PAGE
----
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Hoffmann, R. A wiki for the life sciences where authorship matters. Nature Genetics (2008)
 
 
 
 
 

Defects in protein glycosylation cause SHO1-dependent activation of a STE12 signaling pathway in yeast.

In haploid Saccharomyces cerevisiae, mating occurs by activation of the pheromone response pathway. A genetic selection for mutants that activate this pathway uncovered a class of mutants defective in cell wall integrity. Partial loss-of-function alleles of PGI1, PMI40, PSA1, DPM1, ALG1, MNN10, SPT14, and OCH1, genes required for mannose utilization and protein glycosylation, activated a pheromone-response-pathway-dependent reporter (FUS1) in cells lacking a basal signal (ste4). Pathway activation was suppressed by the addition of mannose to hexose isomerase mutants pgi1-101 and pmi40-101, which bypassed the requirement for mannose biosynthesis in these mutants. Pathway activation was also suppressed in dpm1-101 mutants by plasmids that contained RER2 or PSA1, which produce the substrates for Dpm1. Activation of FUS1 transcription in the mannose utilization/protein glycosylation mutants required some but not all proteins from three different signaling pathways: the pheromone response, invasive growth, and HOG pathways. We specifically suggest that a Sho1 --> Ste20/Ste50 --> Ste11 --> Ste7 --> Kss1 --> Ste12 pathway is responsible for activation of FUS1 transcription in these mutants. Because loss of pheromone response pathway components leads to a synthetic growth defect in mannose utilization/protein glycosylation mutants, we suggest that the Sho1 --> Ste12 pathway contributes to maintenance of cell wall integrity in vegetative cells.[1]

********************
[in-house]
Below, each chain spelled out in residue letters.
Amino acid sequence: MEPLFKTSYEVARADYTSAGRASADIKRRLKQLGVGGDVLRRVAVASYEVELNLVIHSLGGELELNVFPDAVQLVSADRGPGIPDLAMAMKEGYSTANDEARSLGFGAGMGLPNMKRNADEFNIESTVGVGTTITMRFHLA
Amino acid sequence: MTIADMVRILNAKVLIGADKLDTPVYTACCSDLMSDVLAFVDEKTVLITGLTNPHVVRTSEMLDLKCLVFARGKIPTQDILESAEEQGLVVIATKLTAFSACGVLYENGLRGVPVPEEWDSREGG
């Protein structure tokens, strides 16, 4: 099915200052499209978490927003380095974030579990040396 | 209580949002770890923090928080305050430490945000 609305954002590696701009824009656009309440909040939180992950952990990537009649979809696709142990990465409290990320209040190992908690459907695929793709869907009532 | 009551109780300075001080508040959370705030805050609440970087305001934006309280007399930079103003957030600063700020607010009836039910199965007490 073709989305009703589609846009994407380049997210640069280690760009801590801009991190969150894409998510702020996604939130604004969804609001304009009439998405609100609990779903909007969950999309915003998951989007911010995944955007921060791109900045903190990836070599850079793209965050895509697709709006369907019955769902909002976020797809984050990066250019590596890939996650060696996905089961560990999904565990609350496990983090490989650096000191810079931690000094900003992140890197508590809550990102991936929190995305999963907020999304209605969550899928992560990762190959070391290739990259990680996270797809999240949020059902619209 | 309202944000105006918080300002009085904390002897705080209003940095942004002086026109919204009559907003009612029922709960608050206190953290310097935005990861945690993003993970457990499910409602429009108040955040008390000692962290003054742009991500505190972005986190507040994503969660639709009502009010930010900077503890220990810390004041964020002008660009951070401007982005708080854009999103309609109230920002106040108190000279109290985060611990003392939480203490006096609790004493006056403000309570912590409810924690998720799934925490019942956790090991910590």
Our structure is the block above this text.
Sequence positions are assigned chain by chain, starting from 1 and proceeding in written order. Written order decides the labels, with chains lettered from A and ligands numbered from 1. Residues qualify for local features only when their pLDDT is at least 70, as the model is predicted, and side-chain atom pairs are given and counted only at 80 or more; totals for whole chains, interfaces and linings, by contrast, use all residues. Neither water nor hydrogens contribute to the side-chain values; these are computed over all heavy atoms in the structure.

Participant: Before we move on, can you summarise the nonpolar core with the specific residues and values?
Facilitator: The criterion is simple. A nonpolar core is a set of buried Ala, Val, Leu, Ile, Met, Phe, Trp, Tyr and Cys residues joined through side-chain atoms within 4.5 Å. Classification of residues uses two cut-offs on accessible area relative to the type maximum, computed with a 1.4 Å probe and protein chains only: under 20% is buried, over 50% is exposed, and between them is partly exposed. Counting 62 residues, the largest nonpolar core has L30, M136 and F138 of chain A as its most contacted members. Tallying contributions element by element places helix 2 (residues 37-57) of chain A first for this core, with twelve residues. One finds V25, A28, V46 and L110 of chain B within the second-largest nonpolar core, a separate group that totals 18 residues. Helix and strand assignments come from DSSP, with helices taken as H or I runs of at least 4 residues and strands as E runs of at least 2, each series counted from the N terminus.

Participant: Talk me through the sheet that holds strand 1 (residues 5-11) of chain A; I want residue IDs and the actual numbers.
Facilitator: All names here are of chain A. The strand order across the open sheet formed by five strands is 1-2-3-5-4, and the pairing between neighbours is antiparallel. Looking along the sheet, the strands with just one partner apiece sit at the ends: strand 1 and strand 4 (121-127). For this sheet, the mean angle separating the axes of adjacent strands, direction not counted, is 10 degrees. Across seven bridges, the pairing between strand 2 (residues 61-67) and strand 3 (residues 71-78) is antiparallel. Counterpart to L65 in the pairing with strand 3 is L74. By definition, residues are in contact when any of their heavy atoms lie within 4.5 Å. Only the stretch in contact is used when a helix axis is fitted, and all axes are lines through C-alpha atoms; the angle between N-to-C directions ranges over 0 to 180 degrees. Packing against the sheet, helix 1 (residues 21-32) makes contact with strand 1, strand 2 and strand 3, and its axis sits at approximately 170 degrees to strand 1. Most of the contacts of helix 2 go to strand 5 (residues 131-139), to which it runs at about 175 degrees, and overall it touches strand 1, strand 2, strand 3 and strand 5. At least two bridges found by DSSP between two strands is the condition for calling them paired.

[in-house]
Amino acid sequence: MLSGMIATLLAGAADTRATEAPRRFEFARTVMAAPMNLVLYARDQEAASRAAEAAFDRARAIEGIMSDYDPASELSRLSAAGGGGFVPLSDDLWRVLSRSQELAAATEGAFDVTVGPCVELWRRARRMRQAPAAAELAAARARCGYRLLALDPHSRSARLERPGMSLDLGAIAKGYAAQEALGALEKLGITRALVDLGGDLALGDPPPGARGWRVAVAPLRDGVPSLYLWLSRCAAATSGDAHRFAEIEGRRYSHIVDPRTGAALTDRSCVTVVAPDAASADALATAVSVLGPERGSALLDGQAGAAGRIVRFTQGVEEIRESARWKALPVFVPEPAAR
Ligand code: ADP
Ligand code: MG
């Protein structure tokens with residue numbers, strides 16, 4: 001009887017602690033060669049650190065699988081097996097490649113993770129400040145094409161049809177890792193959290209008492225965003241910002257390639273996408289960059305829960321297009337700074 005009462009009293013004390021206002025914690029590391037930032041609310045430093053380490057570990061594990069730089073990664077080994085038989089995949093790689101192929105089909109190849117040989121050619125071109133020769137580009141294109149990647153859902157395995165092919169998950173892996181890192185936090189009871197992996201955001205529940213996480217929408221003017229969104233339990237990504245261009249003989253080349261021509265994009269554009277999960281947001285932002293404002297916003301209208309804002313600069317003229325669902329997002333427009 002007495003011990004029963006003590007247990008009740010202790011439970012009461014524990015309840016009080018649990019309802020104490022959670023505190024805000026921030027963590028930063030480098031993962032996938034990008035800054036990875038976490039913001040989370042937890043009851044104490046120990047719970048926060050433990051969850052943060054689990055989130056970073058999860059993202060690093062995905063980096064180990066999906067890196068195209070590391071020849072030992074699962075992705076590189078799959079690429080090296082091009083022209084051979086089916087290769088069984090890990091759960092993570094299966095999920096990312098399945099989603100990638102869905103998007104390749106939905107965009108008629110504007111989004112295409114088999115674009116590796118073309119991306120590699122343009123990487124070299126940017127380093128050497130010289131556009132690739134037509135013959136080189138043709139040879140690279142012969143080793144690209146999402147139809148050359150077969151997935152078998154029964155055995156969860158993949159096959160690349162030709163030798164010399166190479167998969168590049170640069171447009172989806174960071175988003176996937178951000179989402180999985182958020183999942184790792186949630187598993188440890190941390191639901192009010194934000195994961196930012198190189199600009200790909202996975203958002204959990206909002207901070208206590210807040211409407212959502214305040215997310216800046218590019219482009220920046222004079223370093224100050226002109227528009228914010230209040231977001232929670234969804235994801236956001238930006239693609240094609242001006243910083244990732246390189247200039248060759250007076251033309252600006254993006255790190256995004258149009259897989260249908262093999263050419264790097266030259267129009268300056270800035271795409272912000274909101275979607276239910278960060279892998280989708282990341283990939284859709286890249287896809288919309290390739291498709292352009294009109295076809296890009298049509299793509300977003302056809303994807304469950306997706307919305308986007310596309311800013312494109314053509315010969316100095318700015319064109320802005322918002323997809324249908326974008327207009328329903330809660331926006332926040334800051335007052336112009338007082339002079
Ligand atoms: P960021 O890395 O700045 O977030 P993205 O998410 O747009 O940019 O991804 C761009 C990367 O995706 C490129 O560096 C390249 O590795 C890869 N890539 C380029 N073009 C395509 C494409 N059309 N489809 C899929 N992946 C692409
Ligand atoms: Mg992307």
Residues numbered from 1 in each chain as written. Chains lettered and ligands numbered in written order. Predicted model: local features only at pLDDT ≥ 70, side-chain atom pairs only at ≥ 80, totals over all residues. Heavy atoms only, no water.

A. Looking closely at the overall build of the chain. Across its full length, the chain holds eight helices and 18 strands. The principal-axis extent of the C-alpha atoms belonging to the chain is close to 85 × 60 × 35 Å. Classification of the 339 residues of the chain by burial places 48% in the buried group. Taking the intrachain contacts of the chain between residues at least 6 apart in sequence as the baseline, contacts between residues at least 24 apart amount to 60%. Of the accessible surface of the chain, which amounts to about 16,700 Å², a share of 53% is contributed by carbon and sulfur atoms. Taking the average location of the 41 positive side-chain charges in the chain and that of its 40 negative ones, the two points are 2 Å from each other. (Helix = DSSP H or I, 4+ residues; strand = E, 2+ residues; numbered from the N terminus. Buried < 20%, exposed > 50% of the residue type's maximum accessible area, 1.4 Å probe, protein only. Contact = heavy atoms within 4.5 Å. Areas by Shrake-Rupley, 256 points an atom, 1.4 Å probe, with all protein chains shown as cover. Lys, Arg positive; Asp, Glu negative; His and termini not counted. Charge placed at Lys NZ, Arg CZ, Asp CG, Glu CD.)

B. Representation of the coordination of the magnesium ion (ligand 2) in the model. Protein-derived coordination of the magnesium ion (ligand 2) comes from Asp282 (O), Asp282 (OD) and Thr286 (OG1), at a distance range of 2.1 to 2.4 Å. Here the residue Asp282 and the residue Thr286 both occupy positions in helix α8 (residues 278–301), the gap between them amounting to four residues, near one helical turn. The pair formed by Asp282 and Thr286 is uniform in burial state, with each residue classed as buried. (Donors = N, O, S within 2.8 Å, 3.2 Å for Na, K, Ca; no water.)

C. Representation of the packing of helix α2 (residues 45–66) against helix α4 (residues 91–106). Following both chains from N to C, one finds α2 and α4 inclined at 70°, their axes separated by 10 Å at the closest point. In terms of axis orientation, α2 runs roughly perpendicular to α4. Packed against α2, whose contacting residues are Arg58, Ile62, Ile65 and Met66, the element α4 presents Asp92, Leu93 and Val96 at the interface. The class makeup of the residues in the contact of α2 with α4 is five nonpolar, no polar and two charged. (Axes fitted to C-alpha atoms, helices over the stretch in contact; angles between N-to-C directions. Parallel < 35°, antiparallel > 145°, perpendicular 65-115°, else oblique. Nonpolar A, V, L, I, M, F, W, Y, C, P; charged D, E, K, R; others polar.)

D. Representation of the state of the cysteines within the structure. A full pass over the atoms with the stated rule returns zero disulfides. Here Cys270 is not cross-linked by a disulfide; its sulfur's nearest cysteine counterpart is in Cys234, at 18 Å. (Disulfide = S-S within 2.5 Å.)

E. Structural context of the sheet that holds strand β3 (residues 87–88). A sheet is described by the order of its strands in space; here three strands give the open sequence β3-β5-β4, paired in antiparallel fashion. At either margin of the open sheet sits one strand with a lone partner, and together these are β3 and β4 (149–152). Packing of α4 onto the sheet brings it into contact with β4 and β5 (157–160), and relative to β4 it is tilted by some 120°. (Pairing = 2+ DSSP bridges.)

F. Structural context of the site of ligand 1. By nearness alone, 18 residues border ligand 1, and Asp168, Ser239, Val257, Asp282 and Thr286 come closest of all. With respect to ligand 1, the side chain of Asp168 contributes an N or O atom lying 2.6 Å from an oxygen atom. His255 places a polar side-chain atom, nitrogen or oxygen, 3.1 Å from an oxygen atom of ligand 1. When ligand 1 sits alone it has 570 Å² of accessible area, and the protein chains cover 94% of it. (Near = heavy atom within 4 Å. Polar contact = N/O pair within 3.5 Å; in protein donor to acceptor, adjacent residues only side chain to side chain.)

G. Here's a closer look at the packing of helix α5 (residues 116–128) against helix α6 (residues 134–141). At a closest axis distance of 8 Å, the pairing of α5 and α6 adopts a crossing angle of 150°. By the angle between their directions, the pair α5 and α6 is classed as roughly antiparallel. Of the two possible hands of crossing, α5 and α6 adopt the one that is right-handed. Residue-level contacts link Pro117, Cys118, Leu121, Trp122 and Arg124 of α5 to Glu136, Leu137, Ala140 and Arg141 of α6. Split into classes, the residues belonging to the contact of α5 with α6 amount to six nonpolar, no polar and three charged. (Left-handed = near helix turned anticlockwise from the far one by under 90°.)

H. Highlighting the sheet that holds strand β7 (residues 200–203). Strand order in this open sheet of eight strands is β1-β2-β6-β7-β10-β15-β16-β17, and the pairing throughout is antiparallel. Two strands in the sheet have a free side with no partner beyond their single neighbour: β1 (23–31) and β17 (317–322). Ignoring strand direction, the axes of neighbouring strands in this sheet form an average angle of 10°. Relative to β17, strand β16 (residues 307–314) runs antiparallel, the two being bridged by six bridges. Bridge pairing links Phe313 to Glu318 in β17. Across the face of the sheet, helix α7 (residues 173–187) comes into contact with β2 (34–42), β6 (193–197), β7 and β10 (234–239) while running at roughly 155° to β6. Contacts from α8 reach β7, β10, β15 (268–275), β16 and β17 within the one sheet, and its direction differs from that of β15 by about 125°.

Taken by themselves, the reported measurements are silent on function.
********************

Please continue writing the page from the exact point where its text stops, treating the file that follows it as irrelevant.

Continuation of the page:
References

  1. Defects in protein glycosylation cause SHO1-dependent activation of a STE12 signaling pathway in yeast. Cullen, P.J., Schultz, J., Horecka, J., Stevenson, B.J., Jigami, Y., Sprague, G.F. Genetics (2000) [Pubmed]
 
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